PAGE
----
Reception takes place – purely social, very expensive for bride’s family!!
No dowry
DVD – A Sikh Marriage ceremony
• Milni
• Kurmai
• Lavan
• Reception
• Biddai
• Groom’s mother
Watch the ceremonies and make notes on what
Write down any questions you may like to ask to
generate discussion about.
Sikh Funeral Rites
Body washed and clothed – dressed in 5K’s
Funeral pyre – eldest son.
Akhand path or sehaj path after cremation
White not black worn
No fasting or other rituals
If deceased was head of family- then “pagri” ceremony
Period of abstinence for close family – visit home of
family to offer condolences
• Strictly speaking no mourning – but allowed
Sikh festivals are divided into two:
Melas - these are Hindu festivals in origin but
are given new interpretations and are
important Sikh gatherings during the year.
Gurpurbs - these are essentially Sikh in origin
and relate to Sikh history such as the births
and martyrdoms of the gurus.
• The term gurpurb is derived from two words:
‘pur’ meaning holiday and ‘gur’ referring to the
particular guru concerned.
• Three gurpurbs are particularly important:
the birthdays of Guru Nanak and Guru Gobind
Singh, and the martyrdom of Guru Arjan.
• Celebrated by carrying Guru Granth Sahib in
procession – led by panj pyare
• Akhand paths
• Lectures and seminars concentrating on the life
and works of the particular Guru
• April 13/14.
• Khalsa 1699
• Sikh New Year
• Originally Hindu harvest festival – still is
• Popular time for taking amrit
• Nishan Sahib changed
• Nagar kirtan
• Festival of lights
• Oct/Nov – same date as Hindu diwali except only
1 day for Sikhs, not 2
• Places of worship and homes lit up with divas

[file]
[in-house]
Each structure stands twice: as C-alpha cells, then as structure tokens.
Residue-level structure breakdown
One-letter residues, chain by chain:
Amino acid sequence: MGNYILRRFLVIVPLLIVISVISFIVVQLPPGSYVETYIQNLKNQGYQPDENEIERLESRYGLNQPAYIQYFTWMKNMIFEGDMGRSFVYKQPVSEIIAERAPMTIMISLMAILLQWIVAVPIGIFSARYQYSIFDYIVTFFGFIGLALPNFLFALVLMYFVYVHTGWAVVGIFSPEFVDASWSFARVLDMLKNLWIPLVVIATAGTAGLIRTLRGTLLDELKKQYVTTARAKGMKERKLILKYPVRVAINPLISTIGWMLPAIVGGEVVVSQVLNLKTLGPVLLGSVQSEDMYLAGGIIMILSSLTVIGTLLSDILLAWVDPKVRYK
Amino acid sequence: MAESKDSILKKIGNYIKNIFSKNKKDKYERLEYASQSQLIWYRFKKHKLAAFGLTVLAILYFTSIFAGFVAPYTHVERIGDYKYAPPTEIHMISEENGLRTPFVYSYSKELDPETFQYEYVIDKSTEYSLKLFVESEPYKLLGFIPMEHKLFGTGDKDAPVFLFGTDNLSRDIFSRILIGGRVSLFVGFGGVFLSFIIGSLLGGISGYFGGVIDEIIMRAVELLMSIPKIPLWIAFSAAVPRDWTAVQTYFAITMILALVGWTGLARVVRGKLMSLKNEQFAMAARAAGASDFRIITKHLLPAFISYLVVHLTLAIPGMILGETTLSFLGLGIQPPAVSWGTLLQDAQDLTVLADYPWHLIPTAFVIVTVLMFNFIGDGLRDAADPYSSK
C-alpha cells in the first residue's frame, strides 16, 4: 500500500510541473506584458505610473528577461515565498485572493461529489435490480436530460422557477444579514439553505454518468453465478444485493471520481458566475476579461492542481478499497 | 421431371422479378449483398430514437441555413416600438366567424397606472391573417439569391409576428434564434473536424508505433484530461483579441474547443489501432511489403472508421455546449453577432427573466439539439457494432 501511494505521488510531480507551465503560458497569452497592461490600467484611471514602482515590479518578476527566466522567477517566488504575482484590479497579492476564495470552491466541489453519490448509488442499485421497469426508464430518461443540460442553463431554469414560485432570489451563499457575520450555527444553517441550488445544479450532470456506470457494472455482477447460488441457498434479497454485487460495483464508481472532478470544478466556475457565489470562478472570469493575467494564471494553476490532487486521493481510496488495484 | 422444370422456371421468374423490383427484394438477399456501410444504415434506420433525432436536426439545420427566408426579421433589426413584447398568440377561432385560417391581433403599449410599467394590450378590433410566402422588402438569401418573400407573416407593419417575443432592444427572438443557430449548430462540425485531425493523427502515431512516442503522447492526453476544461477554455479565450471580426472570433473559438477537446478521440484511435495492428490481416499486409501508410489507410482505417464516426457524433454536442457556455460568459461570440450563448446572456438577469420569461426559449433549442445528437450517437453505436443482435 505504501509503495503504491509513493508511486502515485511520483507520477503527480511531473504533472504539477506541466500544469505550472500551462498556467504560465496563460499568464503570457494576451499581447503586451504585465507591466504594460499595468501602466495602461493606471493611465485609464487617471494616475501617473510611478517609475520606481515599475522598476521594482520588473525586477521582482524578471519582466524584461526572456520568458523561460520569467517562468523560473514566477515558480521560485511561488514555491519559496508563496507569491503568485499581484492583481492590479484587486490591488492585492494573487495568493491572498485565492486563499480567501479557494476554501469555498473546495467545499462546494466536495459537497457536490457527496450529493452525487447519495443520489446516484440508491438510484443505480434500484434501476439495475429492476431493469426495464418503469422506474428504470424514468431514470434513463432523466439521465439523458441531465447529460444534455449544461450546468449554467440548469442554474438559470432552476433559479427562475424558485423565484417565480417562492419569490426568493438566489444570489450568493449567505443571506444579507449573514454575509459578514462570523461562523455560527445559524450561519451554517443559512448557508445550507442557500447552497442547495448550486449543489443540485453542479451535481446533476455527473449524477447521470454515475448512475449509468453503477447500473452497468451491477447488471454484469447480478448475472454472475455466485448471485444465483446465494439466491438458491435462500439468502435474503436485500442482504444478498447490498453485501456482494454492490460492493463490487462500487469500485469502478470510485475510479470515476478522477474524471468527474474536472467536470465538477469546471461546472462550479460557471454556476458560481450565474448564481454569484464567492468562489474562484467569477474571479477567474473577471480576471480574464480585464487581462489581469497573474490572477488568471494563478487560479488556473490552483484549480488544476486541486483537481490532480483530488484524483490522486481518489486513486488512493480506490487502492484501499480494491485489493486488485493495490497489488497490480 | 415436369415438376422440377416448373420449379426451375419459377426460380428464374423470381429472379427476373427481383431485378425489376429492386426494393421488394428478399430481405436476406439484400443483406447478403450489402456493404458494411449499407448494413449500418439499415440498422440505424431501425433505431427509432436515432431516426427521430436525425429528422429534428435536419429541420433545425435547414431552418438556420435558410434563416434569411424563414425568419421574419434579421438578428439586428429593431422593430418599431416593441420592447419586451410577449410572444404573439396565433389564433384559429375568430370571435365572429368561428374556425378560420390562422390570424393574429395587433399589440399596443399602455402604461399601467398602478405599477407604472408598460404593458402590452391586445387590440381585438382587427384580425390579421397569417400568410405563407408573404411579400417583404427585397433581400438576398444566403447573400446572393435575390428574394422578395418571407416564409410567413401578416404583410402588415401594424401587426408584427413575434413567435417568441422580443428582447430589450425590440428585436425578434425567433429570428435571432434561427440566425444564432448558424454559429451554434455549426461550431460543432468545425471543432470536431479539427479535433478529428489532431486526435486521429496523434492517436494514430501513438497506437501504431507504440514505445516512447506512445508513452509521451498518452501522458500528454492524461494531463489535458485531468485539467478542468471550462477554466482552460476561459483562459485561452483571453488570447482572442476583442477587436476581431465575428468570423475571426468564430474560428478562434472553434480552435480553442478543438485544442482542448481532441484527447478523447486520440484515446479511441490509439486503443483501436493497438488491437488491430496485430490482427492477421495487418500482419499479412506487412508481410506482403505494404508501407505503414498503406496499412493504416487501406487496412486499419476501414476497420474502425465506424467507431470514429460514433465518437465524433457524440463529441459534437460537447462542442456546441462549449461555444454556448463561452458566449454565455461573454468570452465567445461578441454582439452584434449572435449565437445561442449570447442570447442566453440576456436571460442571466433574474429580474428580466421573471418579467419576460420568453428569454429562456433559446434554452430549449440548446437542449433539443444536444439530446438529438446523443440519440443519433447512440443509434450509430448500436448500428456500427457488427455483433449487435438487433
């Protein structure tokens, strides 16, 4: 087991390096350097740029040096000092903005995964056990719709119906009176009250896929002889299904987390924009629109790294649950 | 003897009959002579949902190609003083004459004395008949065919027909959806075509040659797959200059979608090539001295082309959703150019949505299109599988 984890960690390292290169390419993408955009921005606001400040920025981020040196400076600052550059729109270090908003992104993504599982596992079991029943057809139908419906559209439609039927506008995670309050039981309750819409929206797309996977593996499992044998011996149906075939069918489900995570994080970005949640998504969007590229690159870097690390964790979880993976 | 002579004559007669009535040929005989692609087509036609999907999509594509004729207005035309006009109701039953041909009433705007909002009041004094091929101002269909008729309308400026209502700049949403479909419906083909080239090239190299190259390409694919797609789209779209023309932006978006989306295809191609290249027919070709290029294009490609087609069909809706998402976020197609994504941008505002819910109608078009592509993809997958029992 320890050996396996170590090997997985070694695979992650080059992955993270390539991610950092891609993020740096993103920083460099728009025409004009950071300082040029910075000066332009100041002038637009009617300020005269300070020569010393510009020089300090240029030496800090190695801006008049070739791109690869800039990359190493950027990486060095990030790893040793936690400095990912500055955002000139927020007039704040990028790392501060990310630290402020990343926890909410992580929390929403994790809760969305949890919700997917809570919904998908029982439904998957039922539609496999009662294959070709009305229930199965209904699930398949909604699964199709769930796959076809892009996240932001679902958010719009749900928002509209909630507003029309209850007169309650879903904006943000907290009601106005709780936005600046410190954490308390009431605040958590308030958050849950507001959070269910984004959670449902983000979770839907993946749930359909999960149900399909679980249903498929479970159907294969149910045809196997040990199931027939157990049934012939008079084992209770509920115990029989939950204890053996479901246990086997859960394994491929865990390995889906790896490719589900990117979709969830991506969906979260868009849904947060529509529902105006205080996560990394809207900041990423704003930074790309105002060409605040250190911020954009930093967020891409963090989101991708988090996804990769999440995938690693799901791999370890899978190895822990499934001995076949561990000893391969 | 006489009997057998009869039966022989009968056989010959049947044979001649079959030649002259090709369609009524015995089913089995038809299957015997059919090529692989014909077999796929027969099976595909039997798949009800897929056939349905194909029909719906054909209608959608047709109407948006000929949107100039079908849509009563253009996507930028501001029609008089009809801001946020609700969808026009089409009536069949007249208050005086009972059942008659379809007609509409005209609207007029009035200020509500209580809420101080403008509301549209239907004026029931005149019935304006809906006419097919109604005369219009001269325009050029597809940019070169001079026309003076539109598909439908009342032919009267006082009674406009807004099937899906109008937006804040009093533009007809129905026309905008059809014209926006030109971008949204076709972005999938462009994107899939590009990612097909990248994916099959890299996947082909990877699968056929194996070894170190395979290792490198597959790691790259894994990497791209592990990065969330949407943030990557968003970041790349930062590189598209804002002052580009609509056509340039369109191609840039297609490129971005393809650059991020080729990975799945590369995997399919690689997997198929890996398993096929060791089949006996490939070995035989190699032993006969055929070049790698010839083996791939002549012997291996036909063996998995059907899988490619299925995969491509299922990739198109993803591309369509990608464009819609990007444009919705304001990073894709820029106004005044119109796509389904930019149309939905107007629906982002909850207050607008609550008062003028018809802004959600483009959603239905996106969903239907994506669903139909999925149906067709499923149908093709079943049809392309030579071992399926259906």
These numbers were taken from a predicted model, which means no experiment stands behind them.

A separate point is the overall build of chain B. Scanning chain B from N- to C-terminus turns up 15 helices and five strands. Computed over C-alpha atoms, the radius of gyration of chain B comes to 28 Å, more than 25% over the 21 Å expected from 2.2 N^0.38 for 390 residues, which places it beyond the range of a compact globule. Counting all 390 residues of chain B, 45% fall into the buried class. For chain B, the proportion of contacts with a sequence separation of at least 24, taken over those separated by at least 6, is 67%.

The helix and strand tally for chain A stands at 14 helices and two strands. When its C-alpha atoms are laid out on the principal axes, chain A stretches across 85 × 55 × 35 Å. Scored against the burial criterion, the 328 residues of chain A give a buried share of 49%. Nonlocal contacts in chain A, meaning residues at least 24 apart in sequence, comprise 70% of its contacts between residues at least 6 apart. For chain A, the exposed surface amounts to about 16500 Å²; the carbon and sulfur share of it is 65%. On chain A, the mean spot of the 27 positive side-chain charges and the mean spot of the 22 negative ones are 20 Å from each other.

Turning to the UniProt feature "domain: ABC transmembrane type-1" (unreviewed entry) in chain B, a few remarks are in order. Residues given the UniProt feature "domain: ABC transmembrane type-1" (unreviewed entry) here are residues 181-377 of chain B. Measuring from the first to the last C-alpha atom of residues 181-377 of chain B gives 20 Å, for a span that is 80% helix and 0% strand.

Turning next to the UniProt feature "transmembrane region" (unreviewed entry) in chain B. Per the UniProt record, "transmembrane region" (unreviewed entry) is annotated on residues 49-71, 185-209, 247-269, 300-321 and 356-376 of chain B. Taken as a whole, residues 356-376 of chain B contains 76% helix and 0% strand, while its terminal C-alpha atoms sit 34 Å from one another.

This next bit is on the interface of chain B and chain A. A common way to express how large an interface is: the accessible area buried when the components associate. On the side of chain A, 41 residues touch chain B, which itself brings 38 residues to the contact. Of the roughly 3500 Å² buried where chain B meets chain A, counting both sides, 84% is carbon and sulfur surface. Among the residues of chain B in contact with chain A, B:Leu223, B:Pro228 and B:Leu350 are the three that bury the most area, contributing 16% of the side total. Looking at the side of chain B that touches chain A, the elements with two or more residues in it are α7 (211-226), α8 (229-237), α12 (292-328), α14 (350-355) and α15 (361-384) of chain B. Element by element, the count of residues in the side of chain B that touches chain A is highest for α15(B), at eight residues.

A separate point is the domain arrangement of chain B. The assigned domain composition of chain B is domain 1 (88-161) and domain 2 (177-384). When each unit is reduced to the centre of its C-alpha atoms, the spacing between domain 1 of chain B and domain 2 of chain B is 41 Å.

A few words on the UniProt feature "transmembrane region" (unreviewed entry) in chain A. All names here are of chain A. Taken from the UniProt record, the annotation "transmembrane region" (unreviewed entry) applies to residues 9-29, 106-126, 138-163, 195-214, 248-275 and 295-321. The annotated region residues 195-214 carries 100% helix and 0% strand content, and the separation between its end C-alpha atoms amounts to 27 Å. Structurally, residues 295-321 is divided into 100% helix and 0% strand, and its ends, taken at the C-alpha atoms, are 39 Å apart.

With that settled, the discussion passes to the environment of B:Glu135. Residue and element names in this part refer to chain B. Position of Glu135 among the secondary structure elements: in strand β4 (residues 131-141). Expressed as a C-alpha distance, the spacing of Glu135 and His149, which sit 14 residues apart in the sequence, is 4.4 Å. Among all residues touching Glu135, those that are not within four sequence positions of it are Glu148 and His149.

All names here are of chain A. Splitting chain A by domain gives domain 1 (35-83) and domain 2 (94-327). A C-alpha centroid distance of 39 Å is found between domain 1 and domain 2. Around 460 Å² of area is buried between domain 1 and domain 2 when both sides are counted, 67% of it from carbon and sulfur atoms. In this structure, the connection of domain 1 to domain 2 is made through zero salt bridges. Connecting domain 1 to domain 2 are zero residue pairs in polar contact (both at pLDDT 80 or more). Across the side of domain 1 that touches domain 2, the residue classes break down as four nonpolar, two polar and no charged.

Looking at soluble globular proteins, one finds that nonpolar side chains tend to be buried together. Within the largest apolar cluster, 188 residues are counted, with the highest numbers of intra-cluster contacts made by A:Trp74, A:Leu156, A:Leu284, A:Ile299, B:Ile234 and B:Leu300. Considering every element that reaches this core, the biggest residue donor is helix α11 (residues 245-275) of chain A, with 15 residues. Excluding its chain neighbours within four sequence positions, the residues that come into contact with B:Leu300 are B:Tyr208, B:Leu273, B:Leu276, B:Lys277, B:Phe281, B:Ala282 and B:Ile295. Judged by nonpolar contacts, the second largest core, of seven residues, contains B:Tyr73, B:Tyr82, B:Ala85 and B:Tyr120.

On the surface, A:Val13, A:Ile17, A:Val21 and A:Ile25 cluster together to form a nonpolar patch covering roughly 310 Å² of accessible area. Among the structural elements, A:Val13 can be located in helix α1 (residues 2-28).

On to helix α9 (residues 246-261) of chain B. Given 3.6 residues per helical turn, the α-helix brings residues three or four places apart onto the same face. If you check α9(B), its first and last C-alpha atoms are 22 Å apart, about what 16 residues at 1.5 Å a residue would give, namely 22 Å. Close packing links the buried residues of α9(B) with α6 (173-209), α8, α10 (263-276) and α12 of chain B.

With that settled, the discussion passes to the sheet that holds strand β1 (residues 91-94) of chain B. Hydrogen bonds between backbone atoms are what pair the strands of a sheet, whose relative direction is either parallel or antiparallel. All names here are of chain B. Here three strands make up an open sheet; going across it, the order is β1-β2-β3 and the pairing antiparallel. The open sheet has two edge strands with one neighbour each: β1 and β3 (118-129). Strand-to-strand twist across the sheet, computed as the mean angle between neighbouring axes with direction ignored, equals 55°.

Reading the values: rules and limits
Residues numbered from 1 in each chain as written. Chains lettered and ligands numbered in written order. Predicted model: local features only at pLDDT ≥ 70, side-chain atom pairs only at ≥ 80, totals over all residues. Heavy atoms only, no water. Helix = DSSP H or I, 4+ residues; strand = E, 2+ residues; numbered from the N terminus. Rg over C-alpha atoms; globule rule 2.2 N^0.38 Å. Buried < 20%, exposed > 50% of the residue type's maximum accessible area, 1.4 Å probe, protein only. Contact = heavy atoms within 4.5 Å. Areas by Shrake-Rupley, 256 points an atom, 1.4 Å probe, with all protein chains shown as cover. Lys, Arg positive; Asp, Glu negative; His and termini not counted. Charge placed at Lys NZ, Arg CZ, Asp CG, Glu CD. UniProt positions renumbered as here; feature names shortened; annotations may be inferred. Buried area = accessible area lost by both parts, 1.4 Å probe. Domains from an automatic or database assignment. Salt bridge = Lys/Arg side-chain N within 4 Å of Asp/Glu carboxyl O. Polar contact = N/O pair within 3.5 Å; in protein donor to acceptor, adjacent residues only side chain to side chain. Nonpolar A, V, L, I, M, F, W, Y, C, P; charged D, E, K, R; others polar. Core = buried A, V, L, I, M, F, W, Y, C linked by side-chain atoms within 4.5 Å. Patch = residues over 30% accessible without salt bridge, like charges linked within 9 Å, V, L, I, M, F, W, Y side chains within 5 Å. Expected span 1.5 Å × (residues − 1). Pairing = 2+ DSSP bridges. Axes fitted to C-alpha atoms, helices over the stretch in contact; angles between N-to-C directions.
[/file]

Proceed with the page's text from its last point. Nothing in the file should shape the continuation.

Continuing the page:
• Originally Ram and Sita – Sikhs for return of Guru
Hargobind from prison – release of 52 Hindu
• Presents exchanged
• Golden Temple lit up
• Fireworks – India and diaspora
Hola Mohalla
• March – April
• Coincides with Hindu Holi – Krishna and Gopis
• Guru Gobind Singh diverted Sikhs away from
the “frolics” by emphasising a day of
practising martial arts and military discipline
• Raksha bandhan/rakri
Family Religion
• Grihasta emphasized
• Extended/joint family
• Special terms for family members:
chachaji - father’s younger brother
mamaji - mother’s brother
masiji - mother’s sister
puwaji - father’s sister
taiyaji - father’s elder brother
bhabiji - brother’s wife
• The ending ‘ji’ indicates a title of respect.
• No asceticism
Research Activity
• Sikh attitudes towards meat – different opinions
amongst different Sikhs
• Critically evaluate Sikh attitudes towards euthanasia
• Research the activities of the Singh Sabha and the Tat
Khalsa – why did they want to steer Sikhs away from
what were essentially Hindu practices
• Describe how and explain why a Sikh marriage service
might guide a couple in their married life.
Include why marriage important, the meaning of the
four stanzas. Why it is called “Anand Karaj” – ceremony
of bliss. Other important parts of the marriage such as
the pala (joining of 2 individuals), milni (joining of 2